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Health & Fitness Many unaware that diabetes tied to higher risk of dementia

17:41  14 november  2017
17:41  14 november  2017 Source:   msn.com

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People with mild cognitive impairment (MCI) are at higher risk of developing dementia if they have diabetes or psychiatric symptoms such as depression, according to a new study. Study: Kids in High - Risk Situations More Likely to Become Violent Adults. Faster Walking Pace Tied to Longer Life.

The study found that people with type 1 diabetes were 83 percent more likely to develop dementia as seniors. "Our study found a modestly higher risk of all-cause dementia in people with type 1 diabetes . The next step is to figure out what that means

Diabetic woman injecting herself with insulin (Image: Getty) © provided by Irish Mirror Diabetic woman injecting herself with insulin (Image: Getty) The devastating effect diabetes has on the brain is being hugely underestimated, experts have warned.

A diabetes patient’s risk of developing dementia is two to three times higher, but 35% of people are completely unaware of this.

Experts say there is a need for a better understanding of the connection between both diseases in a report published on Tuesday to mark World Diabetes Day.

Author, Dr Catherine Dolan, from the ‘Dementia: Understand Together’ campaign, said: “Although awareness of diabetes as a risk factor for dementia was somewhat higher among people with diabetes, overall one in three of those surveyed were unaware that dementia can be a complication of diabetes.

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"Although awareness of diabetes as a risk factor for dementia was somewhat higher among people with diabetes , overall one in three of those surveyed were unaware that dementia can be a complication of diabetes . For more information on diabetes , click here.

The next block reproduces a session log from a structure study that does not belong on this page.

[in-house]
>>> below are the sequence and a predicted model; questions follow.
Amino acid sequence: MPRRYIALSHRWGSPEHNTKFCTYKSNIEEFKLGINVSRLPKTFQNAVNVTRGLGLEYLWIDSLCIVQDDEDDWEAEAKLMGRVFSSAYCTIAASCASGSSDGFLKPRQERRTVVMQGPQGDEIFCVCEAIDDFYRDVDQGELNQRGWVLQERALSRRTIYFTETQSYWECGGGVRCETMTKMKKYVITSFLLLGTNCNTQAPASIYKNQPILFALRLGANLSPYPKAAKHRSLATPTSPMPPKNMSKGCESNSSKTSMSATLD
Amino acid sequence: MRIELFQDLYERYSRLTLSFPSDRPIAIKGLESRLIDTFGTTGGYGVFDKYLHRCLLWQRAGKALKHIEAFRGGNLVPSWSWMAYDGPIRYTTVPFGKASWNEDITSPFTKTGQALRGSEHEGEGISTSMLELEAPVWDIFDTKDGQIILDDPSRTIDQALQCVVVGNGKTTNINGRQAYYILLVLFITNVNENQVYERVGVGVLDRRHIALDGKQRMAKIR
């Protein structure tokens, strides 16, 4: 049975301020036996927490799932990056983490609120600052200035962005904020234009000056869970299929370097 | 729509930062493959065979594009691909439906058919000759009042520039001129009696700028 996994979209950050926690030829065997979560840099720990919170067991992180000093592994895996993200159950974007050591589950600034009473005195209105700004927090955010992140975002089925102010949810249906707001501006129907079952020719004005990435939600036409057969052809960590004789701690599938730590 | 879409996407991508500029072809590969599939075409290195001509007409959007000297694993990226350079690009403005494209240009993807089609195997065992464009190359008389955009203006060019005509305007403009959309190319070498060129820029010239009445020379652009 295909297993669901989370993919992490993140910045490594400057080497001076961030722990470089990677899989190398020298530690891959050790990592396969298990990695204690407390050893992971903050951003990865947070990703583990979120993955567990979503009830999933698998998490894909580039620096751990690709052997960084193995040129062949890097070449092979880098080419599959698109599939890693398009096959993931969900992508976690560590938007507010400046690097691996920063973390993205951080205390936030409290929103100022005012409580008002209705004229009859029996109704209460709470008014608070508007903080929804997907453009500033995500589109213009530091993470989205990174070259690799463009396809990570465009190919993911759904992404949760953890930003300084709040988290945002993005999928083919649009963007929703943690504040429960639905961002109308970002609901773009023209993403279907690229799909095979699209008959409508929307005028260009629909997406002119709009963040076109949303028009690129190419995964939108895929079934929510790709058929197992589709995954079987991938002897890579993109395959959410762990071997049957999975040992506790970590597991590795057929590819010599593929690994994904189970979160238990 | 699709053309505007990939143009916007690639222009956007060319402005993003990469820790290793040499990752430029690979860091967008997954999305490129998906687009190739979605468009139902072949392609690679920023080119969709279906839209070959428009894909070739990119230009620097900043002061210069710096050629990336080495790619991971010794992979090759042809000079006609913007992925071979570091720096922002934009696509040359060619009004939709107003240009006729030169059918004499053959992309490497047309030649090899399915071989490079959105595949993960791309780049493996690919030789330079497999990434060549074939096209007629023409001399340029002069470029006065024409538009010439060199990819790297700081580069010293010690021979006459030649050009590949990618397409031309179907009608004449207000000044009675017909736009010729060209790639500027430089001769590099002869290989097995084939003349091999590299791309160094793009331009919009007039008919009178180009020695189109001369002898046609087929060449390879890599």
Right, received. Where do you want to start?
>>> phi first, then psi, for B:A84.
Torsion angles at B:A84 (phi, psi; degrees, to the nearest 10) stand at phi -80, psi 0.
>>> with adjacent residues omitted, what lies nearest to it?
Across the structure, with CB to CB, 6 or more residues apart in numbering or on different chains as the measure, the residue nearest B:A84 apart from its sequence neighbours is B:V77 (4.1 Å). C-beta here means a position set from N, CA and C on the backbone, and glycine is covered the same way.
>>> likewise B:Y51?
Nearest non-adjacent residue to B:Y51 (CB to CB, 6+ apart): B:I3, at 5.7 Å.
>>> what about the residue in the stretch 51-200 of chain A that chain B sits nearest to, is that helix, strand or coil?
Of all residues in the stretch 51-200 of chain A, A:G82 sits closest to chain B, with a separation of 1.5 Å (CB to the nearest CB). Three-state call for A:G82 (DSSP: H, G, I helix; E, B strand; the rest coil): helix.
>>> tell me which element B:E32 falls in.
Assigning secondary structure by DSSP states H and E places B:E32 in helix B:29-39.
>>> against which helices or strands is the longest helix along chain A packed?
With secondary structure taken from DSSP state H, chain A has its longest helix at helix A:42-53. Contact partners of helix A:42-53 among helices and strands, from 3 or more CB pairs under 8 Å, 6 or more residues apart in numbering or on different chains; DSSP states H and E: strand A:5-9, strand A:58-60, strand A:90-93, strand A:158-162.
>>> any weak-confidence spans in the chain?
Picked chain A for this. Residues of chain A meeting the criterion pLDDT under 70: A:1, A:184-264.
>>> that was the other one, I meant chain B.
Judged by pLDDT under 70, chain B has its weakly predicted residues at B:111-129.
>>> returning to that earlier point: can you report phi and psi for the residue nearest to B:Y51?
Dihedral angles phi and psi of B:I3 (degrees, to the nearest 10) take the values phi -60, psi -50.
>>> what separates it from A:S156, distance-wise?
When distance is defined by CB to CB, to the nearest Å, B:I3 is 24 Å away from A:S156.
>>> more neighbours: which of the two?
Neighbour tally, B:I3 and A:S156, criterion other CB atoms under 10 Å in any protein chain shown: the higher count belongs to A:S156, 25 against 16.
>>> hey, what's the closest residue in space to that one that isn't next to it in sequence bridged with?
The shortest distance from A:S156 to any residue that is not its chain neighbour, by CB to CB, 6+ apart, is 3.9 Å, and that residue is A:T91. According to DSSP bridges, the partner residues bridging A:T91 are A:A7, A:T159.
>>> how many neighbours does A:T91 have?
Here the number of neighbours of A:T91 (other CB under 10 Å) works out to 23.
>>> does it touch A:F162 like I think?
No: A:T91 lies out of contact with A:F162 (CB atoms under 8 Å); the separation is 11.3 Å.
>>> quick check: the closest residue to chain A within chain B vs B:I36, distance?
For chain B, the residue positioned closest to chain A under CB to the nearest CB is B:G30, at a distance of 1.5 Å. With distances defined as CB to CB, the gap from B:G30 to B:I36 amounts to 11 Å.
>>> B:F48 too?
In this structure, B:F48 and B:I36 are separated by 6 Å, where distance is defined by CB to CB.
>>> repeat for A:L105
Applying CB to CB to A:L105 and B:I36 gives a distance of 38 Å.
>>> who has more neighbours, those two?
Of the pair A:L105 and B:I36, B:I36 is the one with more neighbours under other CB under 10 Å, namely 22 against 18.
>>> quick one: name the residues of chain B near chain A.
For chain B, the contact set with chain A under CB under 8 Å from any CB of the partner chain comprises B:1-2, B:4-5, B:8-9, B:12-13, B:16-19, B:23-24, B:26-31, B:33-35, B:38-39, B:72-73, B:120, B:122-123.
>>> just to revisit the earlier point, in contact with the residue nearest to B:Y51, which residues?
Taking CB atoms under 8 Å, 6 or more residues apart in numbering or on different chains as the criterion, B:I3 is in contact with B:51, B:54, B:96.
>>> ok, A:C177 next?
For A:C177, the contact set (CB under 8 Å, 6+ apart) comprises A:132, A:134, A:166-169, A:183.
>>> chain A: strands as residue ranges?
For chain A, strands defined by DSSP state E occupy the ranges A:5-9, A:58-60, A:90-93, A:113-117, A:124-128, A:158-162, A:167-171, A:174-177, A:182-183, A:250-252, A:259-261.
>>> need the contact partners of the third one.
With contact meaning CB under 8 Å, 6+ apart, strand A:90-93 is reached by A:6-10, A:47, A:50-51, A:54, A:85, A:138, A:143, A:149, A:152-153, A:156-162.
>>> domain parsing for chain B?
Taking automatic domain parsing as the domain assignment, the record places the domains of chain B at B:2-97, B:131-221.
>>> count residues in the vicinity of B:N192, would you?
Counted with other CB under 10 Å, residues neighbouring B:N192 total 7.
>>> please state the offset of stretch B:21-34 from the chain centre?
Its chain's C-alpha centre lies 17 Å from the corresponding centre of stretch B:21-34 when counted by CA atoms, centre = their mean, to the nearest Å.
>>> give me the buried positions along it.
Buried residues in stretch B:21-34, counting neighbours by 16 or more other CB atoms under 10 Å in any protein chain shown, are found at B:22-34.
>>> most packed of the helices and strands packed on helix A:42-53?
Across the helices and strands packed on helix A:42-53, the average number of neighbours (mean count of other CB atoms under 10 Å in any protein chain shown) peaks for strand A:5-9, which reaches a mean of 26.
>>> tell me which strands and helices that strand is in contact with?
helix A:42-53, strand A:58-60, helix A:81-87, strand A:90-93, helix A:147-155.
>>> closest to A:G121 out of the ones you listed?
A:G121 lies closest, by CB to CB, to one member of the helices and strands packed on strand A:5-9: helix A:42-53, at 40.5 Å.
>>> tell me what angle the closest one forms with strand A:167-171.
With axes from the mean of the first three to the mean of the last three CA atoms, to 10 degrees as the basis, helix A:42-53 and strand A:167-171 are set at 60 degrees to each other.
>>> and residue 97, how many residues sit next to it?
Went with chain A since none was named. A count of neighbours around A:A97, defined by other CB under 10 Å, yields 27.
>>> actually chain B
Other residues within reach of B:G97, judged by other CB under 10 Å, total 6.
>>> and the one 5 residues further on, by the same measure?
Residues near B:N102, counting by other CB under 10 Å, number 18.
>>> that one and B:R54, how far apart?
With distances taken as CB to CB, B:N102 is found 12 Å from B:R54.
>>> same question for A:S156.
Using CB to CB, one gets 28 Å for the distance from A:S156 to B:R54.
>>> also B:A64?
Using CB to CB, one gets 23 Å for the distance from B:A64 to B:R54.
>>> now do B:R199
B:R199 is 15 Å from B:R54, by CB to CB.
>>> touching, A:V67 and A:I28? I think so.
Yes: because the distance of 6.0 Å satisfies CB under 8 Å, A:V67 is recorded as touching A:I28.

Smoking in middle age was associated with 41 percent higher odds of dementia later on, while diabetes was linked to a 77 percent greater risk . So-called prehypertension, when blood pressure is elevated but not high enough to be formally diagnosed as high blood pressure, was tied to a 31

“While there is greater awareness of the potential impact of diabetes on organs such as the kidneys and eyes, unfortunately there is much less awareness that having diabetes increases a person’s risk of developing dementia.”

The study also found that just under half, 46%, of those surveyed were unaware that the risk of developing dementia can be potentially reduced.

Dr Dolan added: “These findings are particularly worrying given that the number of people with diabetes in Ireland is set to increase over the next 20 years mainly due to obesity, sedentary and inactive lifestyles and our ageing population.

“A report by the Institute of Public Health in 2010 entitled ‘Making Chronic Conditions Count’ predicted a 62% increase in the number of people with diabetes in Ireland by 2020.”

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The risk of developing dementia was also heightened in people who had "pre- diabetes ," a condition marked by slightly elevated levels of blood sugar (glucose). And theheightened risk was evident even when the scientists controlled for high blood pressure, high cholesterol, smoking

Alzheimer’s is sometimes described as “ diabetes of the brain,” and a growing Smoking is one of the most preventable risk factors for Alzheimer’s disease and dementia . One study found that smokers over the age of 65 have a nearly 80% higher risk of Alzheimer’s than those who have never smoked.

Common symptoms of dementia include difficulties with thinking and language, problem-solving and carrying out everyday tasks, as well as memory loss and changes in mood and behaviour.

These symptoms can in turn impact on the management of a person’s diabetes, potentially leading to other complications.

A newly launched website, www.understandtogether.ie, provides information for people who are interested in finding out about dementia.

If a person is worried that they or a member of their family may be experiencing any of the symptoms, they can freephone 1800 341 341 and speak with an advisor.

Related: 10 surprising Alzheimer’s predictors

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Walk for 10 minutes every day to avoid cancer, heart disease and dementia .
The government has launched the Active 10 app to encourage people to do a brisk walk every dayBut that's a big problem. It's estimated that inactivity contributes to one in six deaths in the UK.

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